Don’t Knock Down the Wrong Door

There are a lot of questions you can ask about an address: Who lives at the address? Who doesn't live there, but is a frequent visitor? Are there children in the house? How many rooms are there? Is there more than one level? Is the door even marked? The questions are endless, but the answers are sparse and scattered.


Now, imagine you’re trying to answer all of these questions, and you can’t be wrong.

That’s just one of the challenges that the Boston Police Department Gang Unit faces when ensuring a search warrant is successfully executed.

Because of these challenges, detectives in the Boston Police Department Gang Unit spend much of their time gathering information. Often this involves consulting past search warrants or talking with confidential informants who have visited the sites under investigation.

These past few weeks, we’ve focused on learning how gang unit detectives answer important questions before executing a search warrant. The biggest takeaway from our conversations is that the job of police officers in the gang unit is dynamic, multi-faceted, and often high stakes. According to Sergeant Detective Jay Broderick, “every investigation is fluid.” Following a regimented process for each investigation would never work, because each case presents different challenges. But, regardless of the sources used to carry out an investigation, Sgt. Broderick says “the last thing you want to do is knock down the wrong door.”

A key source of information to Sgt. Broderick and other detectives in the Boston Regional Intelligence Center (BRIC). In the words of Ryan Walsh, Deputy Director of the BRIC, much of their work can be described as “journalism for law enforcement.” Each day starts with a 9:30am information-sharing conference call between every department and district in the area. By 4pm, the BRIC consolidates information about recent gang activity and officer safety alerts into a report which is disseminated via email to all police officers citywide.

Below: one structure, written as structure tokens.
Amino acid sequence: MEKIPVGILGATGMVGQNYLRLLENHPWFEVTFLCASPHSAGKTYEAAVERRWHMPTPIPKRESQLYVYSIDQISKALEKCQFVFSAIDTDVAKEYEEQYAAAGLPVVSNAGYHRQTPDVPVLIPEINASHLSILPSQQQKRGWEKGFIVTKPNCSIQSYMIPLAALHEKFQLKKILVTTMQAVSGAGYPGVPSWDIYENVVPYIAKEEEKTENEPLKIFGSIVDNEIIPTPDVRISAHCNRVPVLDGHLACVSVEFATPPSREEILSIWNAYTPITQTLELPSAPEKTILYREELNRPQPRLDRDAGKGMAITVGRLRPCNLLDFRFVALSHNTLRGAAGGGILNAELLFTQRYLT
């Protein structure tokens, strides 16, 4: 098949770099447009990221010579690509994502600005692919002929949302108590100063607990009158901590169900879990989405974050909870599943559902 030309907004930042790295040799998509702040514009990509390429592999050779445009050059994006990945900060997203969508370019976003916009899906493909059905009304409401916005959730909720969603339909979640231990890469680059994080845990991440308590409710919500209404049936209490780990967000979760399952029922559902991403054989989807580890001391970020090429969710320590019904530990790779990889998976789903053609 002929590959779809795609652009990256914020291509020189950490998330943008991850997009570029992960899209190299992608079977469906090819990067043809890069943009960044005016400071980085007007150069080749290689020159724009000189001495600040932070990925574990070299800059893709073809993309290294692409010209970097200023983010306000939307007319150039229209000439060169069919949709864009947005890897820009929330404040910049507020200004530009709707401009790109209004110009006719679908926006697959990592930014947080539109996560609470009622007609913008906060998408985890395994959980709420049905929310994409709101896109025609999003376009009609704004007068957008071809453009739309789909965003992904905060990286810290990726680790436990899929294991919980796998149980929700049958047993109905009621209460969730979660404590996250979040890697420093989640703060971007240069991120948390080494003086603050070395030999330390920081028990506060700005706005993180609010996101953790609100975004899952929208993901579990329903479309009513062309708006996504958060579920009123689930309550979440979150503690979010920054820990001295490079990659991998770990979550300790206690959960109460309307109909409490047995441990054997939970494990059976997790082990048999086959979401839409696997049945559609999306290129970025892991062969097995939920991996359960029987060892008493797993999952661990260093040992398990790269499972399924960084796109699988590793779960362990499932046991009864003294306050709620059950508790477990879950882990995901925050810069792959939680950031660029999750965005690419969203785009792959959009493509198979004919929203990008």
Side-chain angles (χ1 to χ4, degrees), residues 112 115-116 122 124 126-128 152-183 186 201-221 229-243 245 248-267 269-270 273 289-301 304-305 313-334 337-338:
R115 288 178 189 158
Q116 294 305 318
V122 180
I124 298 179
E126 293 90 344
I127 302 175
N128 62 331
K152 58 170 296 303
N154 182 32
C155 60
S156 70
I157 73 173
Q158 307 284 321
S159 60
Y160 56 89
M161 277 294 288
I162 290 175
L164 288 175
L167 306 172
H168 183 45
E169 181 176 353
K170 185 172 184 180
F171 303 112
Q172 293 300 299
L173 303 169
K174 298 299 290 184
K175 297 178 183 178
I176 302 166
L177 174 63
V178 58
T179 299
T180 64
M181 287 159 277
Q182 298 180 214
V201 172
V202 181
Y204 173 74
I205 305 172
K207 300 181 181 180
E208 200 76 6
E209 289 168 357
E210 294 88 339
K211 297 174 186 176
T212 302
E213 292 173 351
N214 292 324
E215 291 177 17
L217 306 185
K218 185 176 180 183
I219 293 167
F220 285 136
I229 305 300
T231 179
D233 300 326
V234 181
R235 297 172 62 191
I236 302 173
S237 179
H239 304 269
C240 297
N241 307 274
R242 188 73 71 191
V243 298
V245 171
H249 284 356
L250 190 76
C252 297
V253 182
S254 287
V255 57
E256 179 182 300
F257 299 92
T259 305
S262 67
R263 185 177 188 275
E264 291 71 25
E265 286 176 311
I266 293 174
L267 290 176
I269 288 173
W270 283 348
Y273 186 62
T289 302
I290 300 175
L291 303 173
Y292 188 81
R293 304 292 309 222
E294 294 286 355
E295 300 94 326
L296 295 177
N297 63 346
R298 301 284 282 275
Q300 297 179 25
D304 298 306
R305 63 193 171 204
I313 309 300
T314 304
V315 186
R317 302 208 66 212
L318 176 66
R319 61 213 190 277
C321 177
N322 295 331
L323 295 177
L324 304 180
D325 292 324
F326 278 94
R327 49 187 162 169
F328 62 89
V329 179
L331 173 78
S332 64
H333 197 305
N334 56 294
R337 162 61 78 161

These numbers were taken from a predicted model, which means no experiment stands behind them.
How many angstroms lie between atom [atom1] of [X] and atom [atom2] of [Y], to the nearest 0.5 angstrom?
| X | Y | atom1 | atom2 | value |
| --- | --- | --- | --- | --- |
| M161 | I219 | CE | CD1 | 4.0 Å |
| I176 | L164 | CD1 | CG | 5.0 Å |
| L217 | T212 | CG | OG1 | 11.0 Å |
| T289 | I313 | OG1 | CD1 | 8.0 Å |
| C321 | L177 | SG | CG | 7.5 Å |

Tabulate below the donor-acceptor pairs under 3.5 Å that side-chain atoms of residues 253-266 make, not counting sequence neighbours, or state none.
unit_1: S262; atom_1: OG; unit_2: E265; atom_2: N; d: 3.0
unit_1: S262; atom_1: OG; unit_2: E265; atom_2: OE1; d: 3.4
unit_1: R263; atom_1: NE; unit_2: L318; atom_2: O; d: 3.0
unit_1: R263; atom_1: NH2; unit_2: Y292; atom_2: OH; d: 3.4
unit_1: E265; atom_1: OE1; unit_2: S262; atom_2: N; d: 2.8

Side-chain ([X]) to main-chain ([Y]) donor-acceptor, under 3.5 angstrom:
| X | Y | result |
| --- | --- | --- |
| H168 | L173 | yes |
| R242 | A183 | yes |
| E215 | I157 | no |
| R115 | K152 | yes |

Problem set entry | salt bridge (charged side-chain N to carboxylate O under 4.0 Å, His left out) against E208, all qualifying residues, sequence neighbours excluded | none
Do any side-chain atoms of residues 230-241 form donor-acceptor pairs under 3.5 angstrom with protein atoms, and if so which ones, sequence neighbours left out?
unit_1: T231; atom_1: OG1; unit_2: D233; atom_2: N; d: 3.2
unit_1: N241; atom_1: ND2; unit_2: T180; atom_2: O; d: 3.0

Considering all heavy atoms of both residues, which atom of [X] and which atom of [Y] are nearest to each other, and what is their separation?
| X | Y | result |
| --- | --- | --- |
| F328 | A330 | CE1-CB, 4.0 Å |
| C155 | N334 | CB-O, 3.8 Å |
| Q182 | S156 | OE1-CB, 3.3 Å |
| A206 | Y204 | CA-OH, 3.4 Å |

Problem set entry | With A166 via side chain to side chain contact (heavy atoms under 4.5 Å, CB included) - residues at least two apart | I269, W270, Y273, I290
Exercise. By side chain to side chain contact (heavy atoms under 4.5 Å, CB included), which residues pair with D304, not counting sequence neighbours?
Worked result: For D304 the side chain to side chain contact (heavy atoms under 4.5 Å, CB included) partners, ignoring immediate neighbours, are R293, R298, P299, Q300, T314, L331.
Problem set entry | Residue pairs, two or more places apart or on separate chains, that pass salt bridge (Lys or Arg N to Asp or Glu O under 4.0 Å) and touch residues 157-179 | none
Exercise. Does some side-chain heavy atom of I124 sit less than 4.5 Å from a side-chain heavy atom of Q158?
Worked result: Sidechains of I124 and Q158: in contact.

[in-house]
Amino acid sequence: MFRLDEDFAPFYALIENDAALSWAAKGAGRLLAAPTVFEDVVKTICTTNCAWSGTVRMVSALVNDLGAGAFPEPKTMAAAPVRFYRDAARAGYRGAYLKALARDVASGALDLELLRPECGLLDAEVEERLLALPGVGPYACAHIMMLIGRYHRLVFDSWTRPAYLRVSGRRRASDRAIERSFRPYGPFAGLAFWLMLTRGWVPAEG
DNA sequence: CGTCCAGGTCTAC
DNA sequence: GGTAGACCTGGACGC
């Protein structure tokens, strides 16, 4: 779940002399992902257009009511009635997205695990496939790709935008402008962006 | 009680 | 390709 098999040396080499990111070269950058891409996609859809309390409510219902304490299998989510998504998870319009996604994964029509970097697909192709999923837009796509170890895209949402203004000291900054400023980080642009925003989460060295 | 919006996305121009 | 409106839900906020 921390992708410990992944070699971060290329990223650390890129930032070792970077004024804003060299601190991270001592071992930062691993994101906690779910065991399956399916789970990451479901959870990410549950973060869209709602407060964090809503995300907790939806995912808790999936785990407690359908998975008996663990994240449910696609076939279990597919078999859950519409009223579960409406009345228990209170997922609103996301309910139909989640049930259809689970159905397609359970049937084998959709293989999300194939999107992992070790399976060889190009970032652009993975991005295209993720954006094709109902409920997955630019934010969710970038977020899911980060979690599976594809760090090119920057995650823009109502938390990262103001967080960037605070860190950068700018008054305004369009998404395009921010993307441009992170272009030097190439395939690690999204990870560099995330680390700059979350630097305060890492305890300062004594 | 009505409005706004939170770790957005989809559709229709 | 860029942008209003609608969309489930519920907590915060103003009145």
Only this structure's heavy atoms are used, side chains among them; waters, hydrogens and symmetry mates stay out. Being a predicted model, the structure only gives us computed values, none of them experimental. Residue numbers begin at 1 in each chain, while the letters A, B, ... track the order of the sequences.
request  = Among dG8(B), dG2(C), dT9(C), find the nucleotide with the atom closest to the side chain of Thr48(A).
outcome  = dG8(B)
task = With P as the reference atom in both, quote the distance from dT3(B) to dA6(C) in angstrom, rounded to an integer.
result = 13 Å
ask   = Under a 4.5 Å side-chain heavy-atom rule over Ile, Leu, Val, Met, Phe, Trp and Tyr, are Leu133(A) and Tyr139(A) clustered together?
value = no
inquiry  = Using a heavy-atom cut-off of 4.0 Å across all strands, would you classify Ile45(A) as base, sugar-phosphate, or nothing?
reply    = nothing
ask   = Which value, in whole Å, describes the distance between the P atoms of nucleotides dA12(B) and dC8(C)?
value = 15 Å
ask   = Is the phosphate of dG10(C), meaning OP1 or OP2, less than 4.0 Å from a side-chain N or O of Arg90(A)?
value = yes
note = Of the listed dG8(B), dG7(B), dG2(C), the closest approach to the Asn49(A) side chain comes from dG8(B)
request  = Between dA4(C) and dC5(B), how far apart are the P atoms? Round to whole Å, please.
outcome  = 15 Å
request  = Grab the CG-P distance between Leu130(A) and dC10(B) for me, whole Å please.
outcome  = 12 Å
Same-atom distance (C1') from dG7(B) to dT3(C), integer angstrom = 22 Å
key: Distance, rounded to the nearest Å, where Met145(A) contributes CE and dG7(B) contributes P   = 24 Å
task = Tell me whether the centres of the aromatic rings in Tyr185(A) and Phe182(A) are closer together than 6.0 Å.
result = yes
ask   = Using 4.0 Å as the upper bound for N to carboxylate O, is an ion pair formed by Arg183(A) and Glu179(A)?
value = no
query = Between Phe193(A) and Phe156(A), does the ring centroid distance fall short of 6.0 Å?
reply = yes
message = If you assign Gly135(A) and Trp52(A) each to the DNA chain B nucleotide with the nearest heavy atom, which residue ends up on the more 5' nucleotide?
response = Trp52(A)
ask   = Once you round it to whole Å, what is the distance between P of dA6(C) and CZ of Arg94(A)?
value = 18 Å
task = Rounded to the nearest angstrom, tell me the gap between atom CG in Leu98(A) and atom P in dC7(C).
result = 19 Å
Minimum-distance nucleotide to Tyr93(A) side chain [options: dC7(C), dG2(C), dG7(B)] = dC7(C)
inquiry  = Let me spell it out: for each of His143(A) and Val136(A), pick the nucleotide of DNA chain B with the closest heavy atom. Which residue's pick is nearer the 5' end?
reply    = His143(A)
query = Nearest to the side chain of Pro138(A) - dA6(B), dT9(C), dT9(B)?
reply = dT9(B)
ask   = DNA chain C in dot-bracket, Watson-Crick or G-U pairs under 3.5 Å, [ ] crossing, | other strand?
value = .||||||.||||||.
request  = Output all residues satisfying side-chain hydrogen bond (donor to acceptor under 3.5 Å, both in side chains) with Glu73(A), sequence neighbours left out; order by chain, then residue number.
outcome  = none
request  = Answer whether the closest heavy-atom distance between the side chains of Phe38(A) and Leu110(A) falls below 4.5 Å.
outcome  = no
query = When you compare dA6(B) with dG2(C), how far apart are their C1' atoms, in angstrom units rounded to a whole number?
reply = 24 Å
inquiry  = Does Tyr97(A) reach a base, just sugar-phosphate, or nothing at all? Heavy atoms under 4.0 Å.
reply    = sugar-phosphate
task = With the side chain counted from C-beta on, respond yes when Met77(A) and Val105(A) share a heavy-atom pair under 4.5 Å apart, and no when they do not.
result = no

In addition, gang unit detectives often request information from the BRIC. This might include structured information like photos of a suspect or names of people with whom a suspect has been arrested. But often detectives need more unstructured information, such as relationships between gang members, or what hats members of certain gangs wear to identify themselves. This unstructured information is difficult to systematize, and detectives often rely on individuals at the BRIC to relay this information when they need it, e.g. when they want to understand the relationship between gang associates.

Across both the gang unit and the BRIC, a common challenge is hardware and budget. BRIC analysts voiced a desire for an internal knowledge management system, but acknowledged that upgrading their technology to allow it would be costly. Similarly, Sgt. Broderick wondered whether some issues would be solved if the unit was equipped with more iPads.

While hardware and budget issues are beyond the scope of this course, they are incredibly helpful constraints for us to consider as we narrow in on a problem we can solve. This week, our objective is to learn about how that data is used by detectives and patrolmen on a daily basis, both on and off the streets. Through ride-alongs and interviews with detectives, we hope to hone in on a tool that will make the gang unit detectives’ jobs easier, more efficient, and, ultimately safer for everyone involved.

-Berkeley Brown, Daniel Goldberg, Francesca Ioffreda, Nami Mody, Ihsaan Patel